US presidential election : Swing States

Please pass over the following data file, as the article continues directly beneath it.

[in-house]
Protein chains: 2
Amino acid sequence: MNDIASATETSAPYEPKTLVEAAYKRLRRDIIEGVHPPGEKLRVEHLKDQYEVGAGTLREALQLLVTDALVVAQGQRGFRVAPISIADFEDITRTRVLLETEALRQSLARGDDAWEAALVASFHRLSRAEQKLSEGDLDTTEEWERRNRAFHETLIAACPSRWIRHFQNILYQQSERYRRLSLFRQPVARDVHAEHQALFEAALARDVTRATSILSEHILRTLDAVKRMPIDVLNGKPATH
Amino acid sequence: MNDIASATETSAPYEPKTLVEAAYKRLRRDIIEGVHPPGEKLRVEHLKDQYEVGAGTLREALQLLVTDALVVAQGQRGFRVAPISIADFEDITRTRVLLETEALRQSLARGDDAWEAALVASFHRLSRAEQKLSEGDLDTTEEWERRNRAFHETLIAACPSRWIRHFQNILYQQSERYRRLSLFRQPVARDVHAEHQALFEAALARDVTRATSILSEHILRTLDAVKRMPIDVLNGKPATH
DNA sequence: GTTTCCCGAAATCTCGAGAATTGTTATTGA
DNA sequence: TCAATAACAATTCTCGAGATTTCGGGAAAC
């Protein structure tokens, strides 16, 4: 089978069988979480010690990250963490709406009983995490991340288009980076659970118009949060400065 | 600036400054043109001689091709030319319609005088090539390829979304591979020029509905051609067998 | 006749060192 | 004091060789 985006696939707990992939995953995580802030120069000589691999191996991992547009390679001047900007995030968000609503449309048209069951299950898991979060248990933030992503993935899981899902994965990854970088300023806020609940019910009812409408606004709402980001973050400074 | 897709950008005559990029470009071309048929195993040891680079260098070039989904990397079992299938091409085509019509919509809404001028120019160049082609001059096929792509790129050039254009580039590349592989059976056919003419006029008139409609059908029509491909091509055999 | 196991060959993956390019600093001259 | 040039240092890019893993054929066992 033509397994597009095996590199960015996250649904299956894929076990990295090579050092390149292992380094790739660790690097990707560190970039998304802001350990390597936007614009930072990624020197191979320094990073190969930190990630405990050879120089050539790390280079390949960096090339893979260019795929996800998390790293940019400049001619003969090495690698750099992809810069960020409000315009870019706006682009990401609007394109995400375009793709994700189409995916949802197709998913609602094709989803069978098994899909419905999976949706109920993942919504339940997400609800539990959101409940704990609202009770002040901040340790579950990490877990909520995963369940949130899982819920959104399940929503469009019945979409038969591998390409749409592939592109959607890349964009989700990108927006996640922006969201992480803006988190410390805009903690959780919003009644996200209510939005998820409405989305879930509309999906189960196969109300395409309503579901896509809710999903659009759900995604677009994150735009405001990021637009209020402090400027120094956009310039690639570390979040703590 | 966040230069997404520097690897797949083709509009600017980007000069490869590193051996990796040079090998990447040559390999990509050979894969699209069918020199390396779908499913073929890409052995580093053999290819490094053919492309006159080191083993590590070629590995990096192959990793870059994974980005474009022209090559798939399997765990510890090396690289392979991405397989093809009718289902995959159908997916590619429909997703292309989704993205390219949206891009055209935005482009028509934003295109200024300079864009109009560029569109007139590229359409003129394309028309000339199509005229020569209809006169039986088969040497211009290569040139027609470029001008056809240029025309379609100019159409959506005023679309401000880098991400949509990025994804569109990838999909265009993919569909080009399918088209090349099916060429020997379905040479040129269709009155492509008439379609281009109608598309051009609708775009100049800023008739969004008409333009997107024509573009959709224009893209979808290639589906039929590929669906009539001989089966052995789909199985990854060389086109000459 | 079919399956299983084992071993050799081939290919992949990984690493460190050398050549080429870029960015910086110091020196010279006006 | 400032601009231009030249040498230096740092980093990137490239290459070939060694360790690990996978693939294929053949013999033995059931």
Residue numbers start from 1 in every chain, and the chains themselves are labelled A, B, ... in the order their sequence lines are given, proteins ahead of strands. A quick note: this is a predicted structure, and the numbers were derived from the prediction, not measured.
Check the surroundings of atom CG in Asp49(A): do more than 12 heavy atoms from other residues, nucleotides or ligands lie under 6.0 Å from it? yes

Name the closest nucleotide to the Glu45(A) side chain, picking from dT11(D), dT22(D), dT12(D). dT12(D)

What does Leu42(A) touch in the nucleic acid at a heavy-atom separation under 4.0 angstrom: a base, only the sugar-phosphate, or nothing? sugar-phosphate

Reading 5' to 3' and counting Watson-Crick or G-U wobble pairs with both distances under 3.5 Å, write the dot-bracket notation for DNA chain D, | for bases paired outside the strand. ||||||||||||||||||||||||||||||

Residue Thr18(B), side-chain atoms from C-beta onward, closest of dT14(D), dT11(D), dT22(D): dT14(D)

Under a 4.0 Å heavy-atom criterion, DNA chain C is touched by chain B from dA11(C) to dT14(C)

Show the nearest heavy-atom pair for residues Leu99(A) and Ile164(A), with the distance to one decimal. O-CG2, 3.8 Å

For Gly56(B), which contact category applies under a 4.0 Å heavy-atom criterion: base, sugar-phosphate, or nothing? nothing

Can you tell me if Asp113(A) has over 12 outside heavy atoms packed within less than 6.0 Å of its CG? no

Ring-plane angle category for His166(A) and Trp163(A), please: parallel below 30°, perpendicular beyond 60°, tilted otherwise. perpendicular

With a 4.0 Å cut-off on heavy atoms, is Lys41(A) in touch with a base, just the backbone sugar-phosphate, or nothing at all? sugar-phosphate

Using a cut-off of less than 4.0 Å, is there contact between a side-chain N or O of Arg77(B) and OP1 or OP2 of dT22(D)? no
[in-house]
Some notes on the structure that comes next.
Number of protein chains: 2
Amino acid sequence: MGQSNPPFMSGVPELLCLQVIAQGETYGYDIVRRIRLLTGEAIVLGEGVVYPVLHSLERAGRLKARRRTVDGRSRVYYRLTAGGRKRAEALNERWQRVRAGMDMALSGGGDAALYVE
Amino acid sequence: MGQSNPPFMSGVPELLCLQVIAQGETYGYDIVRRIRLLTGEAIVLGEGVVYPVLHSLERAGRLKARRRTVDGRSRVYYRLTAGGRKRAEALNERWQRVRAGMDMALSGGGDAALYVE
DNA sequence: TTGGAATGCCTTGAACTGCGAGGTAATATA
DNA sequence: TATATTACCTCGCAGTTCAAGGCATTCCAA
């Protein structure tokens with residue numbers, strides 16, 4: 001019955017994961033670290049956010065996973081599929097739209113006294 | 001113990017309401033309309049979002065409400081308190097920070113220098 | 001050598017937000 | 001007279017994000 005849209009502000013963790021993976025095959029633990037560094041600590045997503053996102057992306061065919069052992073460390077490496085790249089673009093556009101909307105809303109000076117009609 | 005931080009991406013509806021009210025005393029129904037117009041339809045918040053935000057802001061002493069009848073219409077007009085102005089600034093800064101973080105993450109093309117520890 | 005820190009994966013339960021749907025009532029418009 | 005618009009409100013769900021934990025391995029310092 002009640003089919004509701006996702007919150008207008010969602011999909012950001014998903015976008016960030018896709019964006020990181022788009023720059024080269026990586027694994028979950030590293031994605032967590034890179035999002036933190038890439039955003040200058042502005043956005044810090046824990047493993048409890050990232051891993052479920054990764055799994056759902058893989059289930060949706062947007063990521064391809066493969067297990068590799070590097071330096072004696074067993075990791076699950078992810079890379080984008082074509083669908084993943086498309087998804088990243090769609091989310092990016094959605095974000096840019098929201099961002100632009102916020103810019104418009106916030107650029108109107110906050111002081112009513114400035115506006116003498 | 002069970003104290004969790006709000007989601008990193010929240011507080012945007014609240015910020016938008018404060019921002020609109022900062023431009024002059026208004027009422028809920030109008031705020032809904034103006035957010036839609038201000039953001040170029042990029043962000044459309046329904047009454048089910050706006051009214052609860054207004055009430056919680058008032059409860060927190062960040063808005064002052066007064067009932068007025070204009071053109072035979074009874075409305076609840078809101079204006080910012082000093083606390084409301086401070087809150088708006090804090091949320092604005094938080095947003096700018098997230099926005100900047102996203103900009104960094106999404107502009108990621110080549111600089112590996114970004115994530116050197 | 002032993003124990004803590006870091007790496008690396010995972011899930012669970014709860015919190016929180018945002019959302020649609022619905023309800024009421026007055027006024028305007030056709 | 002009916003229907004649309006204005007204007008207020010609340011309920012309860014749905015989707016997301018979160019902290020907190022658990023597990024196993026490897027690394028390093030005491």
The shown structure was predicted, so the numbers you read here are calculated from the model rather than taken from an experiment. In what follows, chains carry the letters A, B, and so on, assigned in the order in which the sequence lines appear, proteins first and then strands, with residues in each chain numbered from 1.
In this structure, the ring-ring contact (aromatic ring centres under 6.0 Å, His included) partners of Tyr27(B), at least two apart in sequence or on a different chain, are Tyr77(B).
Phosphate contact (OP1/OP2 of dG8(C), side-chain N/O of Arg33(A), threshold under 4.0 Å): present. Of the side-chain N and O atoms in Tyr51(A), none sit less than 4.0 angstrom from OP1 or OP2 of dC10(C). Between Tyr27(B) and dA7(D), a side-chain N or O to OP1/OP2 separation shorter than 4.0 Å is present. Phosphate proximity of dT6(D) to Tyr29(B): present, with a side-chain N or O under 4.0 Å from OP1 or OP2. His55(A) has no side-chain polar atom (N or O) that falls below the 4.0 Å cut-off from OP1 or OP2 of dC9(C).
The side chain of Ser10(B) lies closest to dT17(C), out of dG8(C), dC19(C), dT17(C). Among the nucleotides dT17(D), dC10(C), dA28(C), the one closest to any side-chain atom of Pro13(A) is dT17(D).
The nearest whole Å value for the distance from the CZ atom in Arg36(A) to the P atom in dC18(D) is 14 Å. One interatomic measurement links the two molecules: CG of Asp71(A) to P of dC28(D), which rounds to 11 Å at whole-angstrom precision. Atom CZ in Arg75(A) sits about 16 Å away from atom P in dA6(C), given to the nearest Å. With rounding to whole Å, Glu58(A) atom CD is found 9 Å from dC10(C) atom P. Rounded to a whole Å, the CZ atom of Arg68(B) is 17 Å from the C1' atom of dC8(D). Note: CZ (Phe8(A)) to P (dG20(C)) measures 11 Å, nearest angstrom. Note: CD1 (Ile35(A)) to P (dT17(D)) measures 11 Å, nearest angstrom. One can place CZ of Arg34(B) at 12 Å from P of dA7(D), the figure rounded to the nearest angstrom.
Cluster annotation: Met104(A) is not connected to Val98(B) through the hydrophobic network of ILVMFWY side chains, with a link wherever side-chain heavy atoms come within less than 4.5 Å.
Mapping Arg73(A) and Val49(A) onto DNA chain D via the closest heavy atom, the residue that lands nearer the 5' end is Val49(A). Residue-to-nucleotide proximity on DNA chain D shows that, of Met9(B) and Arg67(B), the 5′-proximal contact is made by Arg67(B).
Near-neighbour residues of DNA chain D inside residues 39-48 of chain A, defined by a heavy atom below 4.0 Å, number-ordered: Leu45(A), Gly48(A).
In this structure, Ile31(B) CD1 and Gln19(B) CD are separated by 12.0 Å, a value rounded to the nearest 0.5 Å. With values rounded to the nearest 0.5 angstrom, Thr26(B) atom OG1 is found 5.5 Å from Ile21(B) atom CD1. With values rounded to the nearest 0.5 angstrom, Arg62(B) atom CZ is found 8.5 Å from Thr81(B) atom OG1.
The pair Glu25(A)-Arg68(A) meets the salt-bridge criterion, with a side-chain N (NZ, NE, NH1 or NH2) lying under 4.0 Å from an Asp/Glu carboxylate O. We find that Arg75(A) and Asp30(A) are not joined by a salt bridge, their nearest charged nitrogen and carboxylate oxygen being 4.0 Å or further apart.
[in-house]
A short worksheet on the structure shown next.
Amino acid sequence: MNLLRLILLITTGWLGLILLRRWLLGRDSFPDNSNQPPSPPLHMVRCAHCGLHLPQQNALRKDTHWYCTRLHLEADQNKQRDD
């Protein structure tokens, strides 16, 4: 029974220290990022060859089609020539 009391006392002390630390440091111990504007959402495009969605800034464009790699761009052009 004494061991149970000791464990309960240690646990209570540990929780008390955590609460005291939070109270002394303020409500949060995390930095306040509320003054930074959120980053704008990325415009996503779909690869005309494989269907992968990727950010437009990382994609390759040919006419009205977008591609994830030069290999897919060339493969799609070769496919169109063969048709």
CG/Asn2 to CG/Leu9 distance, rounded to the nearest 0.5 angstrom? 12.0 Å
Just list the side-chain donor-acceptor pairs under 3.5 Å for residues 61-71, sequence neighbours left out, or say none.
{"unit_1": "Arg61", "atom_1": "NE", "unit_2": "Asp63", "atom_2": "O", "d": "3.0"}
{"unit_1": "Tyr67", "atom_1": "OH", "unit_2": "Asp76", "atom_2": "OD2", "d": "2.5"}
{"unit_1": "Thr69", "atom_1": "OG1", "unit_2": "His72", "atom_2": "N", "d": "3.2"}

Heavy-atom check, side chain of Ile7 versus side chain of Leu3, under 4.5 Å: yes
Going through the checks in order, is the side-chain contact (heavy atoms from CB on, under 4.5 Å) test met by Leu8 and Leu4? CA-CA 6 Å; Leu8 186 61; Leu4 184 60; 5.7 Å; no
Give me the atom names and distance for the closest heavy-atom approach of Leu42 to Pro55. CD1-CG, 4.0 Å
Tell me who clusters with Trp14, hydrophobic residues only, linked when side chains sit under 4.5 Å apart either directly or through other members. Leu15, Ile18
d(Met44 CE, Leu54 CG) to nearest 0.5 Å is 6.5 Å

SHOTLIST: Images: 01:38SOURCE: AFP videographic/ AFP photo a ballot in front of the US mapthe swing states are detached from the card and wobble from side to side when changing color.close-up on a state with a result bar that goes up and down silhouette of 2 candidatesa stack of ballotsrain of dollars on the US mapphoto of Nixon and JF Kennedy; Illinois and Texas appearlocation of Florida and New Hampshirephoto of Bush and Al GorePhoto of Bush and Kerry, Ohiophoto of Trump and Hillary Clinton6 key states flicker----------------------------------------------------------- SCRIPT US Presidential Election Swing states 179 words September 9, 2020 In US presidential elections, swing states are states in which can reasonably be won by either the Democrat or Republican candidate. They are sometimes called battleground states. The result of the vote in a swing state can make or break a candidate. Together, they can represent a significant chunk of the 270 electoral votes needed to win the election. Candidates tend to spend time and money on swing states during the campaign. History proves it’s worth the effort. In 1960, Richard Nixon lost to John F. Kennedy after conceding in both Illinois and Texas. In 2000, victories in Florida and New Hampshire helped George W. Bush to the White House at the expense of Al Gore. And in 2004, Bush had swing state Ohio to thank for his second-term victory against John Kerry. In 2016 Republican Donald Trump’s success in winning the lion’s share of 11 key swing states proved decisive in his victory over Democrat Hillary Clinton. In 2020, there are expected to be at least six key swing states: Arizona, Wisconsin, Michigan, Florida, Pennsylvania, and North Carolina. Sources: Realclearpolitics, Polyas, Newsweek